There is a recursive function for indexing directories and files. I need to create a hierarchical view of the file structure. I iterate over the variable (let it be i) on each pass of the recursive function. That is, deep into the iteration goes as it should. But when it comes to the next folder, which is higher level, the iteration does not roll back to the previous state. How can you avoid this phenomenon? An example of how it should be done: 1-2-3-4-5-6-2-3-4-2-3 (numbers are node identifiers). what turns out: 1-2-3-4-5-6-7-8-9-9-10-11

And, yes, YaP-C #.

  • will the code be? - petya
  • in my opinion, this is where the problem is in the implementation logic, and not in the code. In any elementary recursive function, if we set a counter variable, this phenomenon will be observed. - Vasily Koshelev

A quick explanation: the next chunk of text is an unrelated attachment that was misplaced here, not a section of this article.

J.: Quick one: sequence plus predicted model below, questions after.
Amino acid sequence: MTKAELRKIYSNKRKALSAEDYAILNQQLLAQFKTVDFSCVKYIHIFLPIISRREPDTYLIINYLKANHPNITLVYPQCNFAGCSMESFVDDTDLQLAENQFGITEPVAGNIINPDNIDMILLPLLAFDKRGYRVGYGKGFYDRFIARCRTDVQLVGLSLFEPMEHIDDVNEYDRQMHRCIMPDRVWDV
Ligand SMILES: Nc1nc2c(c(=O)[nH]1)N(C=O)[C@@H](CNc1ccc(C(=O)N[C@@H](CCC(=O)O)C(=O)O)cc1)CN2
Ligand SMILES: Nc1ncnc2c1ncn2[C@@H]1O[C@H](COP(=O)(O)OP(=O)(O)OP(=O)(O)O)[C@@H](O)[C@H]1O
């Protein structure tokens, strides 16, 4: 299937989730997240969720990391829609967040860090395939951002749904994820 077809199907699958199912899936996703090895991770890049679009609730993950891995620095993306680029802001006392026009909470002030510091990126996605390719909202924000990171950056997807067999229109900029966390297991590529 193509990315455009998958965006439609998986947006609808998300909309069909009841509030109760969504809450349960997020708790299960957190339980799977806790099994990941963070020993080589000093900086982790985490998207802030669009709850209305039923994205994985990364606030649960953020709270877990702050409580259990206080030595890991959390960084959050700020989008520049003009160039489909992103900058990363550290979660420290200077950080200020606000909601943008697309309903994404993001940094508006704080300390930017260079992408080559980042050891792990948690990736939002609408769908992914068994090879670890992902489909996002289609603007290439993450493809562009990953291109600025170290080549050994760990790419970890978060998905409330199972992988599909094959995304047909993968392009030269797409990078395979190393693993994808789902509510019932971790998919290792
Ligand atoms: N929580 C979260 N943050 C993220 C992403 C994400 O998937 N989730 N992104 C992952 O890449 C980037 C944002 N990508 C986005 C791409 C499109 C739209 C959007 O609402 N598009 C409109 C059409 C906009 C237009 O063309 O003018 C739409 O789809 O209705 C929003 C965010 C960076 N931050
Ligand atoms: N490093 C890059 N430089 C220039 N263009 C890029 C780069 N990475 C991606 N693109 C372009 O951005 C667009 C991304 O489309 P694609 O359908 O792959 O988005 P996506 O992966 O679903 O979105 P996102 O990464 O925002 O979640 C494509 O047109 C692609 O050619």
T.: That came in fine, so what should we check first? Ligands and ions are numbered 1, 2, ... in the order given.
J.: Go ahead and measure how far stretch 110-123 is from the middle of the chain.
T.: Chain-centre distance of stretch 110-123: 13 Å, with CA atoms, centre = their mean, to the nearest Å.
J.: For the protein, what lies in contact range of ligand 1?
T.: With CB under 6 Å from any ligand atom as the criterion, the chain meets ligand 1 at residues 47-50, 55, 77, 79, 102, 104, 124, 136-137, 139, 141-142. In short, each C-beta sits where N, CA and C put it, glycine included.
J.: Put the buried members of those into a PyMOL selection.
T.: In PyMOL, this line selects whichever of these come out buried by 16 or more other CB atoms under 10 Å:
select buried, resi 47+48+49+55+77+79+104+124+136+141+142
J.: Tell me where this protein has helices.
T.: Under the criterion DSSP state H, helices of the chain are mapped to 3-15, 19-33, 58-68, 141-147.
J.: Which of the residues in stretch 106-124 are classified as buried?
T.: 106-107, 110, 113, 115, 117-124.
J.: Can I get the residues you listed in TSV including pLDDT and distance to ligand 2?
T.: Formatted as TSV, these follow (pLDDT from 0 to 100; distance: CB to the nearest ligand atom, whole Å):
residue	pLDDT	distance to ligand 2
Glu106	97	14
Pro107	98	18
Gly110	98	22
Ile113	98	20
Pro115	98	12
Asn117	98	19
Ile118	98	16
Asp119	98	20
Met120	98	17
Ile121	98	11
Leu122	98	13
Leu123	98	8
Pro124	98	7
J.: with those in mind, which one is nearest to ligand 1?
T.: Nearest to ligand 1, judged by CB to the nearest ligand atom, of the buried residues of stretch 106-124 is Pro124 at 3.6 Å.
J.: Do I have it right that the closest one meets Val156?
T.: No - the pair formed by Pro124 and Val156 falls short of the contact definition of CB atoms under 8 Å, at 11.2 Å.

1 answer 1

private static void Inspect(string dir, int level) { Console.WriteLine("{0}\t{1}", level, dir); foreach (var file in Directory.EnumerateFiles(dir)) { Console.WriteLine("{0}\t{1}", level, file); } foreach (var directory in Directory.EnumerateDirectories(dir)) { Inspect(directory, level + 1); } } 


  • level variable will increase continuously. That is, if you return to the folder one level higher (when there are no more directories), the iteration will not return to the previous level. But this is the ideal. you will just keep track of the sequence number of the folder in the parent folder. - Vasily Koshelev
  • Yeah. Not bad. Now, I will try again to implement. - Vasily Koshelev
  • @Tyler, attention, conditional code: int i = 0; iter (i); iter (int i) {if (i <3) iter (i + 1); print i; } Output: 3210. That is, calling iter (i + i) does not change the value of the variable i in the called function. - user6550